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Still Missing: Amelia Earhart and the Search for Modern Feminism.

Another account of the transatlantic flight of America's most famous female aviator? New evidence on that Lockheed Electra and its missing pilot? Another biography of a woman whose life-story has already been told by herself and numerous others? Hardly. Instead Susan Ware has created a new portrait of the celebrated Amelia Earhart by approaching her subject from multiple angles with cameras fitted with feminist lens and wide-angle vision. The feminist lens, as Ware herself acknowledges, does not substantially change the details or the outcome of Earhart's life. Rather it shifts the field of focus, illuminating new aspects of Earhart's life and career such as her importance as a feminist in the interwar period when a mass-based movement had atrophied. Similarly, the wide-angled vision allows the subject to be seen against the rich landscape of the 1920s and 1930s replete with such new flora as the aviation industry, mass media and merchandising, popular heroes and popular culture.

There are trade-offs inherent in such an approach. Gone is the richly textured, cohesive account of an individual life that one associates with more traditional biographies. But then Earhart's life and career are hardly the stuff of such multivolume studies. Although she began her work-life as a nurse and settlement house worker, her years as an aviator spanned barely a decade. The much-touted flight across the Atlantic in which she was actually a passenger (although the first woman to be one) occurred in 1928. (She later flew the Atlantic as pilot.) The round-the-world flight, which probably cost the pilot her life somewhere in the Pacific, took place when she was only forty.

Not only were the celebrity years brief, but in certain respects unrevealing of the woman herself. The spectacular flights were richly documented by the press, which found her a much more cooperative figure than Charles Lindberg. Earhart also added to the documentation with her magazine columns in Cosmopolitan and especially the instant books so painfully ground out at her husband's request (who was also her manager), But the drudgery of having to write in order to keep the superstar status and income that allowed her to fly left little time for the personal letters that might have illuminated the inner life of the public person. Consequently, one of America's best known women remains something of an enigma even in conventional studies where biographical detail is less sparse than in Ware's account.

The advantage of the thematic, interpretive, approach that Ware employs is the opportunity it provides the biographer for extended reflections on key topics to which the life of the subject provides entree. When the choice of topics is informed and the handling of them sure, as is generally the case here, the result can be illuminating. The challenge, however, is how to keep the individual in focus while digressing extensively on other topics - a problem that the author never satisfactorily resolves. Discussion of modern marriage and the demands of celebrity status keep Earhart clearly in the picture. In the chapter on aviation, focus on Earhart and other early women aviators shifts to gender discrimination in the more mature airline industry. Indeed, the biographical subject all but disappears in a discussion of popular heroines and popular culture which is itself a separate chapter. The frustration occasioned by the interruption of the life-story is usually offset by the insight and perspective Ware brings to these various topics, primary among them Earhart's impact on her own society and, most important, her feminism.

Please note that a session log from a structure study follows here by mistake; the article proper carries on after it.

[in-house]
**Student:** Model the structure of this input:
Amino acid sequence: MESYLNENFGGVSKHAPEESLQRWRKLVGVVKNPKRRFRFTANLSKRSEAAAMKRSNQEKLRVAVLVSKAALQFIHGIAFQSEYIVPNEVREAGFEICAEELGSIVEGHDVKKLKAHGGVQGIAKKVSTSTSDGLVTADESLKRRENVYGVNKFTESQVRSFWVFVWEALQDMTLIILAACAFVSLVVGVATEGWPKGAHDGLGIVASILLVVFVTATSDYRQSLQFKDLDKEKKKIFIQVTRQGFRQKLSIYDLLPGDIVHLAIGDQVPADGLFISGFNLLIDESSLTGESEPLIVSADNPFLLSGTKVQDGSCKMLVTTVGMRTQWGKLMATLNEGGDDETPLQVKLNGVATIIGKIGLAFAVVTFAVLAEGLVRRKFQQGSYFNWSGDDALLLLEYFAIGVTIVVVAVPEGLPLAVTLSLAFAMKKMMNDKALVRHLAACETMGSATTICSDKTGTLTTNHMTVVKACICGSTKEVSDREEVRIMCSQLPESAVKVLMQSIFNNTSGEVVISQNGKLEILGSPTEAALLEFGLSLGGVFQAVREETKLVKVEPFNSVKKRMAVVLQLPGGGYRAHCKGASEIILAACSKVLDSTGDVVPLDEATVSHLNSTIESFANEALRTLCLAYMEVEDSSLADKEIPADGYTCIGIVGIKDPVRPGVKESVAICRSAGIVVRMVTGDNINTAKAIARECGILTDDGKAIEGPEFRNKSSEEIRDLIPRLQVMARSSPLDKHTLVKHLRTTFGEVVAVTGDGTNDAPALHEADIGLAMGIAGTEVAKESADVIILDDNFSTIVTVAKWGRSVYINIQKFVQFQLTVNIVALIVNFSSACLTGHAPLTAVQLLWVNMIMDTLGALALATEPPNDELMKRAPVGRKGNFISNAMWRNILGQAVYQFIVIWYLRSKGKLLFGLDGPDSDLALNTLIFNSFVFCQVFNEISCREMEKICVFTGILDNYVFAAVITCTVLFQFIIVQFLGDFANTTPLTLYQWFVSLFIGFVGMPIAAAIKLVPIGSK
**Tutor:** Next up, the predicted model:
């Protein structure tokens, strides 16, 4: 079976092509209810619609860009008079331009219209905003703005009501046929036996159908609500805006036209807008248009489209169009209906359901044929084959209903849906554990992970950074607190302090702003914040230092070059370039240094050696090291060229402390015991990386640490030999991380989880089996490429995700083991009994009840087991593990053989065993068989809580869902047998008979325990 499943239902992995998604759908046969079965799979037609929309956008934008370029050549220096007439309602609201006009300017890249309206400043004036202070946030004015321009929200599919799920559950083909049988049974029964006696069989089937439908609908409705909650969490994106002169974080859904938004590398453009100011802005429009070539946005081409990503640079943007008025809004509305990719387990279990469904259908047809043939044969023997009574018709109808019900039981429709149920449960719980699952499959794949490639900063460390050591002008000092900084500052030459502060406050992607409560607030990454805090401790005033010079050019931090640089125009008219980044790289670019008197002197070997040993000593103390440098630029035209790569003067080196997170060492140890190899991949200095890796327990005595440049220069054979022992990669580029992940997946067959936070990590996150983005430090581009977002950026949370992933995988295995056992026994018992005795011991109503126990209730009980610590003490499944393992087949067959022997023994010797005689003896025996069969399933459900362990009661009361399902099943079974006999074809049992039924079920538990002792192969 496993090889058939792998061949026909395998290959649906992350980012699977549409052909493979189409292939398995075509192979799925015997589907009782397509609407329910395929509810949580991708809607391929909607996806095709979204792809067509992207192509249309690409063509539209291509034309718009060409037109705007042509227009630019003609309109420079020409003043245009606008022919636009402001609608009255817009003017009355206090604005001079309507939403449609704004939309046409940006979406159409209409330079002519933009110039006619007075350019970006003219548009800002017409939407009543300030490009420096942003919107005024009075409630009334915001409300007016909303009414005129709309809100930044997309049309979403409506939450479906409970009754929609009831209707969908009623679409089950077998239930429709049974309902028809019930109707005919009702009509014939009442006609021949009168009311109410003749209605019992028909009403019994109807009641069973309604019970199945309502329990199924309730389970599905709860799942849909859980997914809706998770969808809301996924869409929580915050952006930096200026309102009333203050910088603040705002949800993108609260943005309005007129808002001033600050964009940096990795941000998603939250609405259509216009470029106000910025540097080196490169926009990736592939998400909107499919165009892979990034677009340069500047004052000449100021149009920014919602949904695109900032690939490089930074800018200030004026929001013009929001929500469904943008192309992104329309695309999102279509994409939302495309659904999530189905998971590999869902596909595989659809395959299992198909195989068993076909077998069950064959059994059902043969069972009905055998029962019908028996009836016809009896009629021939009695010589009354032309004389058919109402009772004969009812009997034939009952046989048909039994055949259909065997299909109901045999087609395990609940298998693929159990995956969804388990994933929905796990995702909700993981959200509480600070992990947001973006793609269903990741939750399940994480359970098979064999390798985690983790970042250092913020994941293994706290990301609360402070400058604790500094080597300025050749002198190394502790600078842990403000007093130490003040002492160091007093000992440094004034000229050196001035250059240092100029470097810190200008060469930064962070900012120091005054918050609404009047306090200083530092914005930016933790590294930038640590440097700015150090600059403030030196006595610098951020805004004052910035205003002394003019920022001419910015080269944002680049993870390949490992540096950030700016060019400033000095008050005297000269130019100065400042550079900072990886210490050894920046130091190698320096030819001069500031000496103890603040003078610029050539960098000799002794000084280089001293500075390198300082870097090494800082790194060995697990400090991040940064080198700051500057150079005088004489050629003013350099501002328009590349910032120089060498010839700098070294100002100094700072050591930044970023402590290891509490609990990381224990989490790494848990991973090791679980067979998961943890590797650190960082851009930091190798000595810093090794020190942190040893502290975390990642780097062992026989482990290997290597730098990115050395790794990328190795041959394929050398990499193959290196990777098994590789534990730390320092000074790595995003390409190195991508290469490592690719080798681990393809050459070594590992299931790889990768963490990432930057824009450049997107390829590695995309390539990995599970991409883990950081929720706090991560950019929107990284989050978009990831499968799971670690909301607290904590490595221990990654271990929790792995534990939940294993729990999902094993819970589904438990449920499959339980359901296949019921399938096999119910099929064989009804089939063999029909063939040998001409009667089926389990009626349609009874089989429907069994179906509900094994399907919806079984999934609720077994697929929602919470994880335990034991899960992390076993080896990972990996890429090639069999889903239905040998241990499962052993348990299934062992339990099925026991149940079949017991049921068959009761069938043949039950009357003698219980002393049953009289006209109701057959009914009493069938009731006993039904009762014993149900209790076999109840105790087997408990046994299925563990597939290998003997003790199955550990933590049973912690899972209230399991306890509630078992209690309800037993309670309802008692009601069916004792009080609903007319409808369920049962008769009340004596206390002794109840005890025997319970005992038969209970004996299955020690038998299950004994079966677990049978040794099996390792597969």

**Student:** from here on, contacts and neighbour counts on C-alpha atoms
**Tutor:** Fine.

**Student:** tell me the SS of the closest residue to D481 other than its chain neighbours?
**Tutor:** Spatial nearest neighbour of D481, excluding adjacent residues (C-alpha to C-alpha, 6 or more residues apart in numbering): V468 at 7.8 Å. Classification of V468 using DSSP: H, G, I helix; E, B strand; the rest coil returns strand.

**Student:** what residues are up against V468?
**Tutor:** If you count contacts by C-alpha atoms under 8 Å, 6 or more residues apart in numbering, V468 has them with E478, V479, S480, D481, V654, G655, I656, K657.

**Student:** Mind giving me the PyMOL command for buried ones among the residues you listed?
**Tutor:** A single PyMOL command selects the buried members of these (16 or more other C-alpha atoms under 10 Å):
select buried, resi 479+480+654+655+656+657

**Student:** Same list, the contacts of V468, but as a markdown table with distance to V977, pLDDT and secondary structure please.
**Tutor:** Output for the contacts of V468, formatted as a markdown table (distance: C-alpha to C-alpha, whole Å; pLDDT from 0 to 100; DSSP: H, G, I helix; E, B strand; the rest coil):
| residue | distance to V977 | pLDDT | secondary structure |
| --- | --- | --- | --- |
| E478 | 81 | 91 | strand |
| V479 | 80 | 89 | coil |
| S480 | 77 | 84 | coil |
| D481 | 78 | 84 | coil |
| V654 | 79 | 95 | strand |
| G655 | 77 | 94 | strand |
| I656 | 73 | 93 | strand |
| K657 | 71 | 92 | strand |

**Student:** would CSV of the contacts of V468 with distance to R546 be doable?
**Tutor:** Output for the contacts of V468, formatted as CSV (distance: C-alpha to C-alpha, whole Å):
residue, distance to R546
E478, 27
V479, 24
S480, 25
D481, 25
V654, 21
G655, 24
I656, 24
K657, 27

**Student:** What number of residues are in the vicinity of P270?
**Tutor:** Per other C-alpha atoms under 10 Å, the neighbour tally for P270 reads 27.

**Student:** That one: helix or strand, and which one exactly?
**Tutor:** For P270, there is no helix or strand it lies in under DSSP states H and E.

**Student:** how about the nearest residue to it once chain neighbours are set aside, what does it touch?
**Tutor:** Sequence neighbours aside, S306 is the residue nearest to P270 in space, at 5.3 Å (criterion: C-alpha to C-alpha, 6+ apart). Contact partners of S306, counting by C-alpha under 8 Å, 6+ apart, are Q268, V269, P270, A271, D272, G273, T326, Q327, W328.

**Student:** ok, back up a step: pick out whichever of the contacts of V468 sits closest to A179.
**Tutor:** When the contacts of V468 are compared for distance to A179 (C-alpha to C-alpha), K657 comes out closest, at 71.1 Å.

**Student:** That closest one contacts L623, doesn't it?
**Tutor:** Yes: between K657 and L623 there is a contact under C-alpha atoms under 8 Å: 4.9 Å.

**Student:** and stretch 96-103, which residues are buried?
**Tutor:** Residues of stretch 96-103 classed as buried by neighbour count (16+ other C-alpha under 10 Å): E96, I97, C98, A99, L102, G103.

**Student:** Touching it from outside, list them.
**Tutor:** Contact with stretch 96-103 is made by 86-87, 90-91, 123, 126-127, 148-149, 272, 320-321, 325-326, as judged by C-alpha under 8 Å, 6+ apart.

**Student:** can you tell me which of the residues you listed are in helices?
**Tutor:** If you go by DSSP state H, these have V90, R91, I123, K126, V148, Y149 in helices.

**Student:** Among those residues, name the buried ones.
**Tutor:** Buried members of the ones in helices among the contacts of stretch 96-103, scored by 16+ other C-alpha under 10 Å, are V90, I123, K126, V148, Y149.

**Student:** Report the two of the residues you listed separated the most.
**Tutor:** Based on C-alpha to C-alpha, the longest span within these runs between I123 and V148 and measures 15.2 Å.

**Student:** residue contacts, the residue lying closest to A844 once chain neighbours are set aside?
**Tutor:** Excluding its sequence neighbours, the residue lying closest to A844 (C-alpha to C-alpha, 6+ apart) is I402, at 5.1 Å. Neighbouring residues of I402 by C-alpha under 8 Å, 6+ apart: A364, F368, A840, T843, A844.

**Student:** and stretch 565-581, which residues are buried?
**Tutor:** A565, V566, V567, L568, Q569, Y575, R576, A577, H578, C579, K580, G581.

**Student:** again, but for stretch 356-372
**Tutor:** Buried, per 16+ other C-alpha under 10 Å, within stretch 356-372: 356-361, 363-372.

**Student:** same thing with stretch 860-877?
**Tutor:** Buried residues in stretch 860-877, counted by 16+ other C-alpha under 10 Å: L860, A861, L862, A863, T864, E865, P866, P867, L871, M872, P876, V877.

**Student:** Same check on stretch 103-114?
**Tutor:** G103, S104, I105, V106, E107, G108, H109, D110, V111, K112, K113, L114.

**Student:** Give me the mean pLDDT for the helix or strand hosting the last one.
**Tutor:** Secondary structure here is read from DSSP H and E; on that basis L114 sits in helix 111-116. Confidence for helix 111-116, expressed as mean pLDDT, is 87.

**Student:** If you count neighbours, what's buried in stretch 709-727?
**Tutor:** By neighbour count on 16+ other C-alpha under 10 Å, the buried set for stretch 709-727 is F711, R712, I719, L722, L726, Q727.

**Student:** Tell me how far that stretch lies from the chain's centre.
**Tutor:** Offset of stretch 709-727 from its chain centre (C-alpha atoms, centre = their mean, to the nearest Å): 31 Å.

That Earhart belongs in the pantheon of interwar heroines whose lives were lived according to a feminist script was evident at the time of her marriage to George Putnam, a volatile, abrasive, ambitious man whose promotional zeal had much to do with making his second wife a public figure. The skittish bride's concerns about the impact of marriage upon her work, her prenuptial letter rejecting a "medieval code of faithfulness" (p. 50) binding either of them, her refusal to wear a wedding ring, her insistence on equal contributions to household expenses are enough to establish Earhart's feminist credentials with respect to her private life.

Add to the reality of an egalitarian companiate marriage (also a happy and monogamous one by Ware's account) full pursuit of a career, public and prolonged advocacy of equal opportunity, the founding of a single-sex professional organization with a gender-specific political strategy, self-conscious role-modeling and career counseling for young women, membership in the Woman's Party, the mutual admiration of the eider stateswomen of the suffrage and reform movement, and the portrait of a very public feminist emerges. That she was also a modest, generous, open, and caring individual as well as an attractive, well-dressed woman (she also designed clothes) made her an even more compelling feminist figure. Most important was the fact that she was an aviator. The very act of flying - soloing above the clouds - Ware argues, powerfully symbolized both female achievement and freedom from male-imposed constraints. Fittingly, even Earhart's good friend Eleanor Roosevelt signed on for flying lessons, determined to pilot her own plane until FDR intervened. That Earhart's fans were overwhelmingly female was also consistent with her feminist message.

The author also finds it significant that Earhart belonged to a select group of adventurous and celebrated female achievers: journalists (Dorothy Thompson), artists (Georgia O'Keefe and Martha Graham), photographers (Margaret Bourke-White), movie stars (Katherine Hepburn and Bette Davis), and athletes ("Babe" Didrikson). As women who pioneered in male terrain, they engaged in considerable gender blending in dress as well as action. Earhart incorporated cap, goggles, and leather jacket into her wardrobe and Hepburn added pants with the same insouciance with which Thompson and Bourke-White appropriated diplomatic capitals and battlefields, respectively, as their domain in the years surrounding World War II. What most distinguished these women was not their blending of pants and pearls, but their pursuit of work and excellence over domesticity and, in some cases, motherhood. Work and merit were basic to their identity and, as Bourke-White added, "the only religion I have" (p. 197). As Hepburn would later write in her autobiography, "It was a matter of becoming the best actress I could be or becoming a mother. But not both; I don't think I could do justice to both" (p. 196). Or as Bourke-White would confess: "It is only work that truly satisfies" (p. 197).